Physiological responses to multiple low-doses of bacillus anthracis spores in the rabbit model of inhalation anthrax

Sarah C. Taft, Tonya L. Nichols, Stephanie A. Hines, Roy E. Barnewall, Gregory V. Stark, Jason E. Comer

Research output: Contribution to journalArticlepeer-review


Bacillus anthracis spores that are re-aerosolized from surface deposits after initial contamination present significant health risks for personnel involved in decontamination. To model repeated exposure to low dose B. anthracis spores, three groups of seven rabbits were challenged with multiple low-doses of B. anthracis spores 5 days a week for 3 weeks. Mortality, body temperature, heart and respiration rates, hematology, C-reactive protein, bacteremia, and serum protective antigen were monitored for 21 days post-exposure after the last of multiple doses. All rabbits exposed to a mean daily dose of 2.91 × 102 colony forming units (CFU) survived and showed minimal physiological changes attributable to exposure. One of seven rabbits receiving a mean daily dose of 1.22 × 103 CFU died and four of seven receiving a mean daily dose of 1.17 × 104 CFU died. The LD50 was calculated to be 8.1 × 103 CFU of accumulated dose. Rabbits that succumbed to the higher dose exhibited bacteremia and increases above baseline in heart rate, respiration rate, and body temperature. Two rabbits in the mean daily dose group of 1.17 × 104 CFU exhibited clinical signs of inhalation anthrax yet survived. This study provides a description of lethality, pathophysiology, and pathology in a controlled multiple low-dose inhalation exposure study of B. anthracis in the rabbit model. The data suggest that the accumulated dose is important in survival outcome and that a subset of rabbits may show clinical signs of disease but fully recover without therapeutic intervention.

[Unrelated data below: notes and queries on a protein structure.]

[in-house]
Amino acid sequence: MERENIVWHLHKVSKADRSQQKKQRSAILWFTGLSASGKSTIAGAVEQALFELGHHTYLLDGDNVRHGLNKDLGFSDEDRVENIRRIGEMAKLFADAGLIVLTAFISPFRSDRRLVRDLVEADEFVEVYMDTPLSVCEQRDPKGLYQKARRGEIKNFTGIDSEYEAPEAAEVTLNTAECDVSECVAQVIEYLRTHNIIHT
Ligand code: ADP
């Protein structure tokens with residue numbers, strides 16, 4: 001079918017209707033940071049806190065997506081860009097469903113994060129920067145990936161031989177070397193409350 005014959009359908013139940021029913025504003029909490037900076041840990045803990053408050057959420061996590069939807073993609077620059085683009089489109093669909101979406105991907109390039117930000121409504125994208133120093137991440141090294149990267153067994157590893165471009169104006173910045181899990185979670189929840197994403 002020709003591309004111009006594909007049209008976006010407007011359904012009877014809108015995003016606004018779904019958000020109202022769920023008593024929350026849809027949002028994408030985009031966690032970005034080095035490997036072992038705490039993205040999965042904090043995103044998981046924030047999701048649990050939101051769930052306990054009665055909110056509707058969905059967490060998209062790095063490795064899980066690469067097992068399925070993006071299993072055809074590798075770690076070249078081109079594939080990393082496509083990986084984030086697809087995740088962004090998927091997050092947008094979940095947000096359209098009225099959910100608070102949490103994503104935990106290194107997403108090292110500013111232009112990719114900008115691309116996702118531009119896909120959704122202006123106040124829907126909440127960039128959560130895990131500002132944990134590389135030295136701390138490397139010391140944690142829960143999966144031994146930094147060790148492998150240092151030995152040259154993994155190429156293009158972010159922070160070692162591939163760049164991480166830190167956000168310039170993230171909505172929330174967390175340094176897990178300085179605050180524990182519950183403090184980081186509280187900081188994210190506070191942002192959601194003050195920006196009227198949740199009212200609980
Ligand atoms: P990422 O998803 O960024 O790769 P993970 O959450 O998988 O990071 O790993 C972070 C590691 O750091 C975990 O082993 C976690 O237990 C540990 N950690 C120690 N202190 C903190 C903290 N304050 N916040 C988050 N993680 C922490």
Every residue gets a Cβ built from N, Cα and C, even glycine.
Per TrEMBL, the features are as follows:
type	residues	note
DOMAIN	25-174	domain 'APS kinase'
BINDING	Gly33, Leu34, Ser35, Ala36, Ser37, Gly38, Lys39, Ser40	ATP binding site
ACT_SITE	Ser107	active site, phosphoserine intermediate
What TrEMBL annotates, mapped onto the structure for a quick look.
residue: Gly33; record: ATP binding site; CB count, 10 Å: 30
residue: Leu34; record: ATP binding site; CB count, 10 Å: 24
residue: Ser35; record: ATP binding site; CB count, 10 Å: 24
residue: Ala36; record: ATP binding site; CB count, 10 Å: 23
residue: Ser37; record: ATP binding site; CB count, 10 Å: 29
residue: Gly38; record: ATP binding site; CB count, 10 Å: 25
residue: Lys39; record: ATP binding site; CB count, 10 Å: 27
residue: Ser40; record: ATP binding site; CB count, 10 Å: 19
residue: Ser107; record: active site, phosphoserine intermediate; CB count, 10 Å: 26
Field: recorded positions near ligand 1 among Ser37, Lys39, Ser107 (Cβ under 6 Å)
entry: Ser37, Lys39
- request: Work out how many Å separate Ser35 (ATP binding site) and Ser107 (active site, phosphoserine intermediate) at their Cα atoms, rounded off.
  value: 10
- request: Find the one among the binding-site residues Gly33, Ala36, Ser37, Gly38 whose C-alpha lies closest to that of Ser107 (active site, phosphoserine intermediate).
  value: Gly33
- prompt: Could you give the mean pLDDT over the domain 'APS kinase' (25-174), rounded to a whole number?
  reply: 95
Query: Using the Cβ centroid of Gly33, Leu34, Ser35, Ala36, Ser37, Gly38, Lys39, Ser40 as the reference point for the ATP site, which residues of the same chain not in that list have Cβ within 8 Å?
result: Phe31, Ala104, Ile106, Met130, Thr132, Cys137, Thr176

Original languageEnglish (US)
Article number877
Pages (from-to)1-15
Number of pages15
Issue number11
StatePublished - Nov 2020


  • Anthrax
  • Bacillus anthracis
  • Dose-response
  • Low-dose
  • Multiple dose
  • Pathology
  • Physiological response

ASJC Scopus subject areas

  • Immunology and Allergy
  • Molecular Biology
  • General Immunology and Microbiology
  • Microbiology (medical)
  • Infectious Diseases


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